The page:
Some afternoons he sits in his cabana staring out at the sea, staring and staring, and people come by and say, What are you doing? Why aren't you working? And he tells them he is writing a novel, and they can't understand it.

Lawrence Sanders spends four hours a day putting words down on legal pads in longhand. How many hours a day he spends thinking, he has no idea.

His two successful novels about Africa won lavish praise for his insider's knowledge of that scene, though the only time he was ever actually on the continent was when his ship put in at Algiers for two days during the war. His phenomenally bestselling detective thrillers are based on casual conversations with a couple of cops he knows, and a huge amount of reading.

And thinking.

What he writes is real enough for his readers (except maybe the time he forgot that revolvers don't have safeties). So far, they have bought 25 million paperback copies and 1.5 million hardcover copies of his 20 books. Last week his latest, "The Fourth Deadly Sin," was No. 2 on the New York Times hardcover list while "The Passion of Mollie T." was No. 2 on the paperback list. He is published in 15 languages.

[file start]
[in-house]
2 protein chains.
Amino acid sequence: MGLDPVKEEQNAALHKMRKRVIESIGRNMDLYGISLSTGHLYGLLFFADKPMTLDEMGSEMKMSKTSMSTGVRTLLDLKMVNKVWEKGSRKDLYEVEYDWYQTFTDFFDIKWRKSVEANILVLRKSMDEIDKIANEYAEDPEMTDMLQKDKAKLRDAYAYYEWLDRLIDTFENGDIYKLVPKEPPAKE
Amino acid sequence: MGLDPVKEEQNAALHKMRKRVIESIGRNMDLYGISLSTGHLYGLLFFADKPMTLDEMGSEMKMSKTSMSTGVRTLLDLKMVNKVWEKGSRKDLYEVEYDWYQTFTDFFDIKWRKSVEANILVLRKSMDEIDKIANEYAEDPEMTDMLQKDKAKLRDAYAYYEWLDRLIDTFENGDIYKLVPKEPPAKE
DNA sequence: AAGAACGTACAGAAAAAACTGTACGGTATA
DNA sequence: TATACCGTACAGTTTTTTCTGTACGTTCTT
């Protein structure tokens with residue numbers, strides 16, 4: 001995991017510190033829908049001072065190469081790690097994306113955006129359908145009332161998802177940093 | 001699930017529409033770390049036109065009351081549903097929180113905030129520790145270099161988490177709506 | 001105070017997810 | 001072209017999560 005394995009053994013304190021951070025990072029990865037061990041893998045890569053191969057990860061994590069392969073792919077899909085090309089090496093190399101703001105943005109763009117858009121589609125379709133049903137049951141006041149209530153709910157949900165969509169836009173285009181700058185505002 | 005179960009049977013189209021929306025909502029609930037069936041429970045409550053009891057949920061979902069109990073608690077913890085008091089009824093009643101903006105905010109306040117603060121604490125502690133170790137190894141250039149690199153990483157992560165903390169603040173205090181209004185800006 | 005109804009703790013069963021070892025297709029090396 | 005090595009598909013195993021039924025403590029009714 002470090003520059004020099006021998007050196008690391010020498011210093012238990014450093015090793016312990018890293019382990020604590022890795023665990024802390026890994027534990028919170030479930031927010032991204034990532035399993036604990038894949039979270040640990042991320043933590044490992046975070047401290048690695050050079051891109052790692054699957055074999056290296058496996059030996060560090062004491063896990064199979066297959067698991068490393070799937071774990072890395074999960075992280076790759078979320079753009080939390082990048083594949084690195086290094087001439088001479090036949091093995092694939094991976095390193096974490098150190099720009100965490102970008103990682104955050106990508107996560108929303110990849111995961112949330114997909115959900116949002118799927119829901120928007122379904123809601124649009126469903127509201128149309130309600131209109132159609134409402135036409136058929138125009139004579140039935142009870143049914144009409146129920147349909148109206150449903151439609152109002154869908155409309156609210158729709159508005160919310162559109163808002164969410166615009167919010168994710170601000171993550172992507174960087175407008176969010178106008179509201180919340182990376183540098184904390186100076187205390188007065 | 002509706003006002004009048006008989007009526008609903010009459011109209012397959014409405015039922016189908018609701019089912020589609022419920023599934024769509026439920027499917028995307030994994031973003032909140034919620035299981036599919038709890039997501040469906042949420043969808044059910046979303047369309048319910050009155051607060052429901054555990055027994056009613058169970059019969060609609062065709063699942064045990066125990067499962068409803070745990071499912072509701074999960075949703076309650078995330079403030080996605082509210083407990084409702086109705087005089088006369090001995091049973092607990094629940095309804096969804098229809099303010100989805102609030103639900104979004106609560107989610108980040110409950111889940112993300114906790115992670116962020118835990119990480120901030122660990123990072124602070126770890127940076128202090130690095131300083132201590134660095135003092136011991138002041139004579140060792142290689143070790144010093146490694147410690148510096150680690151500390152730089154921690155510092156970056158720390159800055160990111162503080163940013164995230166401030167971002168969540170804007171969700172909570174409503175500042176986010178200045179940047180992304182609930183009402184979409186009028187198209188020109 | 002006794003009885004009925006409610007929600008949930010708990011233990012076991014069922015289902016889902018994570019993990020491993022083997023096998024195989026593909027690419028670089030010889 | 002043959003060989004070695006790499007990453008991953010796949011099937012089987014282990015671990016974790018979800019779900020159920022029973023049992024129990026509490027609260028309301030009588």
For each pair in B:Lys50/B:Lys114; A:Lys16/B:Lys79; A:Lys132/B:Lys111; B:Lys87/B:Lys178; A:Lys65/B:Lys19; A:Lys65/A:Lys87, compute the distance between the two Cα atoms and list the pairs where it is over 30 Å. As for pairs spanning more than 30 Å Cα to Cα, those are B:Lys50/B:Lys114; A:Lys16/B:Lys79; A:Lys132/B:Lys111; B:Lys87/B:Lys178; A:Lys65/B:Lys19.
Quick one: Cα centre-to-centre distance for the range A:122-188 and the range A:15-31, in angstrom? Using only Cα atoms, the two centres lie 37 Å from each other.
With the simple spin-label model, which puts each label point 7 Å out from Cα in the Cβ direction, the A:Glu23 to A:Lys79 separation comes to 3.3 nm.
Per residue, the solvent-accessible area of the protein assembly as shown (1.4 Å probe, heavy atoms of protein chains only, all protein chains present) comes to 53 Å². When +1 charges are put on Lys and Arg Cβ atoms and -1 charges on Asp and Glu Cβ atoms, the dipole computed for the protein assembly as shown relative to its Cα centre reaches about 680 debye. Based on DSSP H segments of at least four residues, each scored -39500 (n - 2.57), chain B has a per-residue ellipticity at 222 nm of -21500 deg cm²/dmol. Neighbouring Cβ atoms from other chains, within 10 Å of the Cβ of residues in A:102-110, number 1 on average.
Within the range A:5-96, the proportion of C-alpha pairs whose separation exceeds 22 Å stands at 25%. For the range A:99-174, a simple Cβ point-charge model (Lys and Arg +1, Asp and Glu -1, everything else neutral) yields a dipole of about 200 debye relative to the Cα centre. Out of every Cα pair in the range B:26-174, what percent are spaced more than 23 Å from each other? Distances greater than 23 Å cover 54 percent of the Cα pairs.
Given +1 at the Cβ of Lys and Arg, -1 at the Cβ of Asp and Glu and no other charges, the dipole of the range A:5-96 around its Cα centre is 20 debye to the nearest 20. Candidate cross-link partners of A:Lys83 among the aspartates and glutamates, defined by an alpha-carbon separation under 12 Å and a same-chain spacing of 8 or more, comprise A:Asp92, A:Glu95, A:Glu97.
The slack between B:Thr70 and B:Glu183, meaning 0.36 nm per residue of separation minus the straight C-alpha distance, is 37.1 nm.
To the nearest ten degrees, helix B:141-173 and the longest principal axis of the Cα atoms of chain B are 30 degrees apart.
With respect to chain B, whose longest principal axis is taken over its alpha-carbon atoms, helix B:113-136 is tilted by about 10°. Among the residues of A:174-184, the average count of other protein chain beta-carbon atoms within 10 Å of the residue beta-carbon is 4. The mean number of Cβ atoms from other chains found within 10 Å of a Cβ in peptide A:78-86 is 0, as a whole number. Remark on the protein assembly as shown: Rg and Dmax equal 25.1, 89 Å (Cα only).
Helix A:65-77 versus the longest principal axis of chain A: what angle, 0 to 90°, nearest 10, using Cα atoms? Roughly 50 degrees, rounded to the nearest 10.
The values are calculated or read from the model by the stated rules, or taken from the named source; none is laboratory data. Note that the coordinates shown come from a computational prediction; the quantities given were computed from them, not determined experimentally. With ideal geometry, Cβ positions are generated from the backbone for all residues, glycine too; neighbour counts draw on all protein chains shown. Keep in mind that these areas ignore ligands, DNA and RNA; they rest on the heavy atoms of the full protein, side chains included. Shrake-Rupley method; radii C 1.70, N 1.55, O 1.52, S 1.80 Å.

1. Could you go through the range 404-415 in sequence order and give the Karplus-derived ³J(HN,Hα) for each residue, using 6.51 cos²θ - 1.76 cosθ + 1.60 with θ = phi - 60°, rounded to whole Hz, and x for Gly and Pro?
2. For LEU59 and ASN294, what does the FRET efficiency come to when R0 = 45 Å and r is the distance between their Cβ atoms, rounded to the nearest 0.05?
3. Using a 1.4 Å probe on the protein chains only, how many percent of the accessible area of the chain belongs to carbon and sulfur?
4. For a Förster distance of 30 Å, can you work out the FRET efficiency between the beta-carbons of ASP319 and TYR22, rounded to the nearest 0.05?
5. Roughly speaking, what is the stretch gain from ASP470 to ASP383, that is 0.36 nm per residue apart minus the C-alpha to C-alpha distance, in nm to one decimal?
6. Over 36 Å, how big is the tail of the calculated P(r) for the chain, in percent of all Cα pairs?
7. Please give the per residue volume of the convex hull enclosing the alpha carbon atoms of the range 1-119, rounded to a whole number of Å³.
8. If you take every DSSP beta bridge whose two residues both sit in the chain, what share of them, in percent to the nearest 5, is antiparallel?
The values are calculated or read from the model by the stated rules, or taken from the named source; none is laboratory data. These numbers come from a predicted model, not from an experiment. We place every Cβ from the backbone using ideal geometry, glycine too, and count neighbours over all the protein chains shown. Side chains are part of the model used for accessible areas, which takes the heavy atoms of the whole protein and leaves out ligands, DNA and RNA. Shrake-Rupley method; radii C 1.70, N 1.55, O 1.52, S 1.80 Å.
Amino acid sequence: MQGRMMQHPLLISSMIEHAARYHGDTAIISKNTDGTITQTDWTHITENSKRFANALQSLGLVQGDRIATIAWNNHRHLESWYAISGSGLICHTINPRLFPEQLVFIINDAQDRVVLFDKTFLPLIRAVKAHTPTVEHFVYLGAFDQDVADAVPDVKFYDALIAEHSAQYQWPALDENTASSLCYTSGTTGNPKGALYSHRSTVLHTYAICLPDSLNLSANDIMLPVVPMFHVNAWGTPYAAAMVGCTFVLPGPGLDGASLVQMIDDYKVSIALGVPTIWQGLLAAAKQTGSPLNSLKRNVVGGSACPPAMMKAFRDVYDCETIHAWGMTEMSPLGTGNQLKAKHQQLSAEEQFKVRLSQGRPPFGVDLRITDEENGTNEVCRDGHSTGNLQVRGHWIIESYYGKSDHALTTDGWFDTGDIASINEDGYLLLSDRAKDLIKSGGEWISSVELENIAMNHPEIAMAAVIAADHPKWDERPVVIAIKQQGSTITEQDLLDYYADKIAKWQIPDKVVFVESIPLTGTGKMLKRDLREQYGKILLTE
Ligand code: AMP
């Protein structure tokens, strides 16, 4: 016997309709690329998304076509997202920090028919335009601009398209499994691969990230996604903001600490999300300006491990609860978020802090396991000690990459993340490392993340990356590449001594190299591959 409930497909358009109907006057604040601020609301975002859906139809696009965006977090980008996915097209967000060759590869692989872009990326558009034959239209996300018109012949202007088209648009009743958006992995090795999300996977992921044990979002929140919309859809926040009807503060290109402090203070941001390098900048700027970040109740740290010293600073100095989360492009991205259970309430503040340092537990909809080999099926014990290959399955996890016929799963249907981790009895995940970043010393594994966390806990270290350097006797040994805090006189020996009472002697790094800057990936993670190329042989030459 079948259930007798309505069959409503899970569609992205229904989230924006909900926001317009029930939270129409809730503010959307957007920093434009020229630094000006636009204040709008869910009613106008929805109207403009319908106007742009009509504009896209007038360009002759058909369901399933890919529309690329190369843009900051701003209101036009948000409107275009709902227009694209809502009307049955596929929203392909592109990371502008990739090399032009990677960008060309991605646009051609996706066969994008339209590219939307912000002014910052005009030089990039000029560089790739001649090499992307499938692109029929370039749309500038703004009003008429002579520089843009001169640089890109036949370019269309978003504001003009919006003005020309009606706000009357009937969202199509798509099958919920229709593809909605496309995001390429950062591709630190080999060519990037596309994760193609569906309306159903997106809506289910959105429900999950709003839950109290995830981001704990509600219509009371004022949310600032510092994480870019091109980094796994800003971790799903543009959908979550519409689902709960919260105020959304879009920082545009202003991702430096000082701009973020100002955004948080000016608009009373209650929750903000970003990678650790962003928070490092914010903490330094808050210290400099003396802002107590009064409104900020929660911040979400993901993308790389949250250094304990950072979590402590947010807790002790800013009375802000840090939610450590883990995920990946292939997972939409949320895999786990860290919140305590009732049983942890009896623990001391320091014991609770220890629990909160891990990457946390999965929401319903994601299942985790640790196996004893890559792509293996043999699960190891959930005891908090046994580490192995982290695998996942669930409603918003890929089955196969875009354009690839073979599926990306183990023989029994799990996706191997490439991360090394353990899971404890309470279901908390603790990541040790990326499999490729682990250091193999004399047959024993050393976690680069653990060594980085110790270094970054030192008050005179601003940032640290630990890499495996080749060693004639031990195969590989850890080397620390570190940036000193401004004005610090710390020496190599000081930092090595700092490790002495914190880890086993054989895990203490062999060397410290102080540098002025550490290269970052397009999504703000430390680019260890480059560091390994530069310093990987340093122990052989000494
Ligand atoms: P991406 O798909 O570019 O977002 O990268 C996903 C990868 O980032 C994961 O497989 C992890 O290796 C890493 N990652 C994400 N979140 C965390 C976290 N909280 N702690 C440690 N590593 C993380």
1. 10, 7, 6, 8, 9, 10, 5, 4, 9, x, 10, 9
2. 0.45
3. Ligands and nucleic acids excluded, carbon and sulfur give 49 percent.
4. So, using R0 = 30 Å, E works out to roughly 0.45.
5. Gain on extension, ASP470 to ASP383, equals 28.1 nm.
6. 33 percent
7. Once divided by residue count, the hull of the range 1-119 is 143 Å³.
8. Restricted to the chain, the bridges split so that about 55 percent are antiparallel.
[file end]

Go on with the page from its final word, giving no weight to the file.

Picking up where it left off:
"I knew a detective in New York," he says, "but I never interviewed one in my life. I read the newspapers, nonfiction, detective stuff."

At the moment he is fascinated with the Civil War, histories and memoirs. He is rereading "A Tale of Two Cities" to study the way Dickens wove politics into his story.

"I don't want to be prejudiced by reality," he laughs, "but it's got to sound right. This apartment house has 300 apartments, it's like a small town, and I hear things you wouldn't believe. Can't use 'em, of course, I'd get sued. If I put it in a book, people would say, Boy are you kinky. But there's so much stuff all around. I just read in the papers about this guy who holds up three banks with an underwater spear gun. He apparently thinks it's not technically a weapon. Things like that are almost impossible to imagine."